Winnipeg police HQ contractor loses appeal for documents seized during fraud investigation
Judge ordered RCMP to hand over 46 boxes of Caspian documents to City of Winnipeg last year
The contractors behind the Winnipeg police headquarters construction project will not get back boxes of documents and data seized by the RCMP until the conclusion of a civil lawsuit, Manitoba's Court of Appeal judge has ruled.
The April 7 appeal court decision is the latest in a long legal battle over the construction project, and in the fight over documents seized as part of an RCMP investigation that began more than six years ago.
In December 2014, RCMP executed a search warrant on the offices of Caspian Construction as part of an investigation into alleged fraud and forgery connected with the downtown police headquarters project.
Over the course of three days, police seized 46 boxes of documents. The Mounties also got a production order for Caspian's backup computer data.
In late 2019, the province announced that the RCMP's investigation was over and no charges would be laid.
Within weeks, the City of Winnipeg sued Caspian and dozens of others involved in the construction project for allegedly defrauding taxpayers of more than $24 million through fraudulent paperwork and secret kickbacks. At the time, the city also asked courts for access to seized material in the RCMP's possession.
Manitoba Court of Queen's Bench Justice Glenn Joyal sided with the city and ordered RCMP to hand over the documents, which they did.
In September, some of the defendants — including Caspian Projects Inc., Caspian Construction Inc., Caspian owner Armik Babakhanians, his wife, Jenik Babakhanians, his son Shaun Andre Babakhanians, and Caspian's office manager, Pamela Anderson — appealed that decision.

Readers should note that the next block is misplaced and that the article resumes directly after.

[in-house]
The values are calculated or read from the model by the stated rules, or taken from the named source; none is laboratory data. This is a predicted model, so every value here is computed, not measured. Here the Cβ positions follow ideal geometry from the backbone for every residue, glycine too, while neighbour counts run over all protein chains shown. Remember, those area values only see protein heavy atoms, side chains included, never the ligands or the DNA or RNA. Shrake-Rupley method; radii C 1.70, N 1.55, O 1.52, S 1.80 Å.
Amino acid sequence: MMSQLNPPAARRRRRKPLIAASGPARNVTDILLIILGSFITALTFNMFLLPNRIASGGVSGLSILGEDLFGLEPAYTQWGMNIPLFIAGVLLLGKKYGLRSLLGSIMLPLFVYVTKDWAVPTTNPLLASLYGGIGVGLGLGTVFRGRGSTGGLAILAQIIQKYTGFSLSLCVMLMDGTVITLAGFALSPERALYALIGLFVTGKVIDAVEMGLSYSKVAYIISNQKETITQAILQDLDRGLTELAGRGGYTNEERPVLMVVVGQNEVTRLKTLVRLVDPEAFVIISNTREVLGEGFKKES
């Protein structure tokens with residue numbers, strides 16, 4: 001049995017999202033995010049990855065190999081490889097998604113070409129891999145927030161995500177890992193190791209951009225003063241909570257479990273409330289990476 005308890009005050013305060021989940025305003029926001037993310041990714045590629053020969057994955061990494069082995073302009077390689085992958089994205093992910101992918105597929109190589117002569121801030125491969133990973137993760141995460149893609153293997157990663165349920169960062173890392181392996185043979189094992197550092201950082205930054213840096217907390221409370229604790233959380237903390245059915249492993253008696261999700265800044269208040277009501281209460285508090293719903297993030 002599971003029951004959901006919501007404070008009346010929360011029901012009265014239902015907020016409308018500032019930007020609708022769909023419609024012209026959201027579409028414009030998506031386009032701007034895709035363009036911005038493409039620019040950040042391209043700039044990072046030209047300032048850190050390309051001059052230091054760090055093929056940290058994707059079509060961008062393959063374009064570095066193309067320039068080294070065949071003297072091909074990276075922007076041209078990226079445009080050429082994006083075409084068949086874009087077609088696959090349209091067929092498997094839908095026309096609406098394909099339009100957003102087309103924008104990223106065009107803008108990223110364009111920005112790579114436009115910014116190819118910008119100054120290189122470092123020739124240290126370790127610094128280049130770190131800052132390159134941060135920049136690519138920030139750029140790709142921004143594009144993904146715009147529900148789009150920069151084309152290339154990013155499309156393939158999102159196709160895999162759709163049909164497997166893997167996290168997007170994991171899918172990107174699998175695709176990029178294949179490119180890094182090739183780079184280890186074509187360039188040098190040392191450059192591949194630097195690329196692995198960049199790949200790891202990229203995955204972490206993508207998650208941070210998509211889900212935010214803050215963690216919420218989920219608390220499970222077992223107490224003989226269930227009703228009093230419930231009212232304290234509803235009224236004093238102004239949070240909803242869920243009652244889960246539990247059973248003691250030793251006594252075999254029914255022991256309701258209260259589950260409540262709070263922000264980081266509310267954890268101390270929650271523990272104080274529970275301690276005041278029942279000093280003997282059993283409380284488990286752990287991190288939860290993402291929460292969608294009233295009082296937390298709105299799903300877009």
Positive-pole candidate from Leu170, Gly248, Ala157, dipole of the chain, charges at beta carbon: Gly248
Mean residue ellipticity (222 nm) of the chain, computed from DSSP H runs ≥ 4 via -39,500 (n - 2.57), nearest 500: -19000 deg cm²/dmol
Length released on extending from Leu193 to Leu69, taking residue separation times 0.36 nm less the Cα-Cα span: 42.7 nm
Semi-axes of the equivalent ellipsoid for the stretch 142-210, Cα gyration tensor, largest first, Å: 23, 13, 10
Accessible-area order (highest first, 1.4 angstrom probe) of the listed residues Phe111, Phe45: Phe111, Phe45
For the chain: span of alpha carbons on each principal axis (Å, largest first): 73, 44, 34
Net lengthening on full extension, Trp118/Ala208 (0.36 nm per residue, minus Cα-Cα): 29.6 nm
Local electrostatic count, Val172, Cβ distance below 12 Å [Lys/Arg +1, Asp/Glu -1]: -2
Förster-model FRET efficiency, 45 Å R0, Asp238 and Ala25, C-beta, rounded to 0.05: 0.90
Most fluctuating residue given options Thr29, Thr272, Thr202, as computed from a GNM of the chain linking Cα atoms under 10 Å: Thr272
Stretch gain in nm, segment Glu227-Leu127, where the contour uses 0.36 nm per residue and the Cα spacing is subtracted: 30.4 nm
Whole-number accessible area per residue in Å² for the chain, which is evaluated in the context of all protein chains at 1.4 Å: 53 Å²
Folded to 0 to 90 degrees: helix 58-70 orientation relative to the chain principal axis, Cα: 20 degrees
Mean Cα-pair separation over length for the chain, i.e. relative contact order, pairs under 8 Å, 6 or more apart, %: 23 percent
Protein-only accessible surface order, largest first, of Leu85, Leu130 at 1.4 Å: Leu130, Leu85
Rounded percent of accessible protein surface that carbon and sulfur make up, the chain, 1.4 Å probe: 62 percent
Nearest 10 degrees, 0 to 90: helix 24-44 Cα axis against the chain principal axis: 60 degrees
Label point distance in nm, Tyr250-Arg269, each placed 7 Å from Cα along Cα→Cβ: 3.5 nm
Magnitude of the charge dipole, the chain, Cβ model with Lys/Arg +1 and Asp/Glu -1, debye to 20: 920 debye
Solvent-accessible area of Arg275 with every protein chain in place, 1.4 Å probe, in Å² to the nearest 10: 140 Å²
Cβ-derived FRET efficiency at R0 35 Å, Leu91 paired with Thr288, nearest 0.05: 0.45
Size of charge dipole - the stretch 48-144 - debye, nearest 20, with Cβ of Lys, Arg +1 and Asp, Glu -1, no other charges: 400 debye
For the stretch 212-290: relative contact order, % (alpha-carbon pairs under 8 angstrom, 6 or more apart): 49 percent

They argued that since the RCMP investigation was over, the Mounties were no longer lawfully in possession of the documents and should return them.
This week's Manitoba Court of Appeal decision found Joyal did not err in his ruling.
"The decision in question was a matter wholly within the discretion of the case management judge who was in the best position to determine such issues. We were not persuaded that he misdirected himself or that his decision amounted to an injustice," said the Manitoba Court of Appeal's written decision.
Last Month, Winnipeg's former chief administrative officer lost his bid to question two RCMP officers who investigated the allegations of fraud and bribery in the police HQ construction project.
Phil Sheegl's lawyer had accused the Mounties of knowingly misrepresenting information about the former CAO in sworn statements in order to obtain production orders on his bank accounts.
Sheegl is one of the people being sued by the city in the police headquarters lawsuit. Last June, Justice Joyal granted an application to split Sheegl's case from the rest of the defendants.
His lawyer successfully argued that Sheegl's case should be dealt with separately "because 99 per cent of the city's case doesn't involve him."
With files from Joanne Levasseur